Coal industry needs to acknowledge ‘just transition’, says Exxaro CEO-designate

22nd September 2021 By: Simone Liedtke - Writer

Considering the polarising views on the coal industry’s importance, diversified mining and energy company Exxaro Resources CEO-designate Dr Nombasa Tsengwa believes the industry must acknowledge the “just transition” from coal to renewables as both a manner of going green, and a chance for mining companies to identify new opportunities.

“Even though the just transition is necessary, there needs to be a holistic approach that considers the socioeconomic transition. The industry needs to acknowledge that the just transition, and also going green, goes beyond just removing us from our balance sheets, thus reducing the attributable emissions,” Tsengwa said during her keynote address at this year’s Coalsafe virtual seminar on Wednesday.

Tsengwa stressed that “there should be great importance placed on improving the health and safety sector, using technology to operate as responsible as possible”, while also placing environmental, social and good governance at the forefront for health and skills development, as well as energy and water use initiatives.

She urged that the industry needed to be “guided by its vision” and that it should lead by example by investing in resources that “power a clean world”. This approach was about ensuring that the planet, and society, benefitted.

However, while it was imperative to transition to cleaner sources of energy, South Africa would continue to be dependent on coal for electricity, and it would remain in the country’s energy portfolio for the foreseeable future.

“The most recent Integrated Resource Plan anticipates that 46% of our electricity will be generated from coal by 2030. To replace the current energy generation capacity with alternative sources of energy will take some time to implement and will require significant cover, as well as holistic industry leadership,” she noted.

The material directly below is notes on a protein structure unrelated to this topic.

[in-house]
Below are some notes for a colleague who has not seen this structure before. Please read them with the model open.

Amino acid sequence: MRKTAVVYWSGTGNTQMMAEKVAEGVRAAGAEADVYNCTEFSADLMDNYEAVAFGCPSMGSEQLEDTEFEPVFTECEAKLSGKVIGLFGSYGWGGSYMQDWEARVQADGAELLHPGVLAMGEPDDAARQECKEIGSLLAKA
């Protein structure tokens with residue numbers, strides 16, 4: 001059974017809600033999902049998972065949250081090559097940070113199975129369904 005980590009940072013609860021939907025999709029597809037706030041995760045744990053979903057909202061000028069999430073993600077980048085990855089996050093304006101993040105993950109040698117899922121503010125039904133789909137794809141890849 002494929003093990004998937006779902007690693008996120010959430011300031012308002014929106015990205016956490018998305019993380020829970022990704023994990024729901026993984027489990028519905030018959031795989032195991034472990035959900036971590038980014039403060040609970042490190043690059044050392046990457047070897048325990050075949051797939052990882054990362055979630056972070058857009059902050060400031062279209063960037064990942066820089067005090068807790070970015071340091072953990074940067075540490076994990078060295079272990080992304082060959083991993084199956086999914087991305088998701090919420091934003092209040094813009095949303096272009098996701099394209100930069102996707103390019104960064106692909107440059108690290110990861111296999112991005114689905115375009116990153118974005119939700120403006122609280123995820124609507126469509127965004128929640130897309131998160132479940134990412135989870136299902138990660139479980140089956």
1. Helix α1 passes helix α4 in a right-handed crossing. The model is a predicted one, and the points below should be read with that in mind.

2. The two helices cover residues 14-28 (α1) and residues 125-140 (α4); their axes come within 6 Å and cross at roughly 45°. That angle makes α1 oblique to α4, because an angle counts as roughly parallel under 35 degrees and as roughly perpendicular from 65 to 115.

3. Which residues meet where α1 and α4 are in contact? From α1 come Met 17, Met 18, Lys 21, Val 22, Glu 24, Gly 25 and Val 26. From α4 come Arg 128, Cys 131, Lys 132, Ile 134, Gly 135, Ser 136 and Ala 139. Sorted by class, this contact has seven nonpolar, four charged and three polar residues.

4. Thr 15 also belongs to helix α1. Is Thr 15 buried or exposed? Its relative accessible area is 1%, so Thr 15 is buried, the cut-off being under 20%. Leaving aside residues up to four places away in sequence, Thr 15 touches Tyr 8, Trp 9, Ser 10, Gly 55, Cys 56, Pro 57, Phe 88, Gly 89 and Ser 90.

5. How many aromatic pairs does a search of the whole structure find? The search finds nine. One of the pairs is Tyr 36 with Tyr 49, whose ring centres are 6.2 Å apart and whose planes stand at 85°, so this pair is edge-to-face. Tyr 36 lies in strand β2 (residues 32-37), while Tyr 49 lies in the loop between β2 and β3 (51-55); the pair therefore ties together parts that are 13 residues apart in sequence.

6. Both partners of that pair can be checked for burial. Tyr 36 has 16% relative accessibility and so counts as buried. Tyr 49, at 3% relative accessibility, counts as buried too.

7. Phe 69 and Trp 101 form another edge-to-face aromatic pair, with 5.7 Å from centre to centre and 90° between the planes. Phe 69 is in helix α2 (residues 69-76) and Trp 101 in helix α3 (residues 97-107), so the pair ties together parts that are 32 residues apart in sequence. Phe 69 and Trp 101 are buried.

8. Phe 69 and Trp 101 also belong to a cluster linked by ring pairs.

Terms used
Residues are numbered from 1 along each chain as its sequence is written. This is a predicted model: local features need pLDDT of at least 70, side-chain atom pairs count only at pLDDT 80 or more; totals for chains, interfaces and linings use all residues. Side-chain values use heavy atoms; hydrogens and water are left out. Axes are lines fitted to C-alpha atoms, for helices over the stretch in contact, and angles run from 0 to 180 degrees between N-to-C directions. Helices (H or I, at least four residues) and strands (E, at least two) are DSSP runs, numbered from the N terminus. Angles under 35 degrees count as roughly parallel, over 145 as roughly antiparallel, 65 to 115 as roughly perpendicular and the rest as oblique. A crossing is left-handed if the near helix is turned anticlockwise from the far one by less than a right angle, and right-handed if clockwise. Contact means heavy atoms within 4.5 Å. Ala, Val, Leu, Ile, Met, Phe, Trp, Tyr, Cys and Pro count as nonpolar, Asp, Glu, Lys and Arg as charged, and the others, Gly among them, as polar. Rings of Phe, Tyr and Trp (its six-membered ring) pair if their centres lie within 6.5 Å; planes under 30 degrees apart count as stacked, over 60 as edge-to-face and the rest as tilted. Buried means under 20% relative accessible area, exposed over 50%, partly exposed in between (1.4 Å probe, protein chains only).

Further, considering that coal production and related industries would require significant capital, as well as holistic industry leadership in terms of driving relevant initiatives, Tsengwa noted that the commitment to jobs, regional economic development and environmental good practice would require “serious attention and serious priority planning”.

“An energy transition of this magnitude requires an understanding of the socioeconomic challenges we are faced with as a nation. We [must therefore] embrace and productise sustainable community development initiatives through our enterprise and community development programmes, as well as the supply chain sustainability policies that support the increased participation of black women and youth, and people with disabilities.”

Exxaro, in this regard, aims to lead economic transformation that will create jobs in its host communities and transform the supply chain.

Examples of such include the miner’s growth aspirations through its enterprise and supplier development programme, through which it has supported 66 entities, 24% of which are wholly black owned and another 26% women owned.

Since the inception of the programme in 2018, about R1.2-billion in business has been created across the supply chain. It has also generated between 1 100 and 1 200 additional jobs, “demonstrating that supporting respecting provisional economies, needs to go beyond compliance obligations, and can be effectively achieved through public-private partnerships for greater impact”, Tsengwa commented.

With that in mind, she urged mining companies to create a flexible environment which fostered collaboration and was focused on sustainability and the community.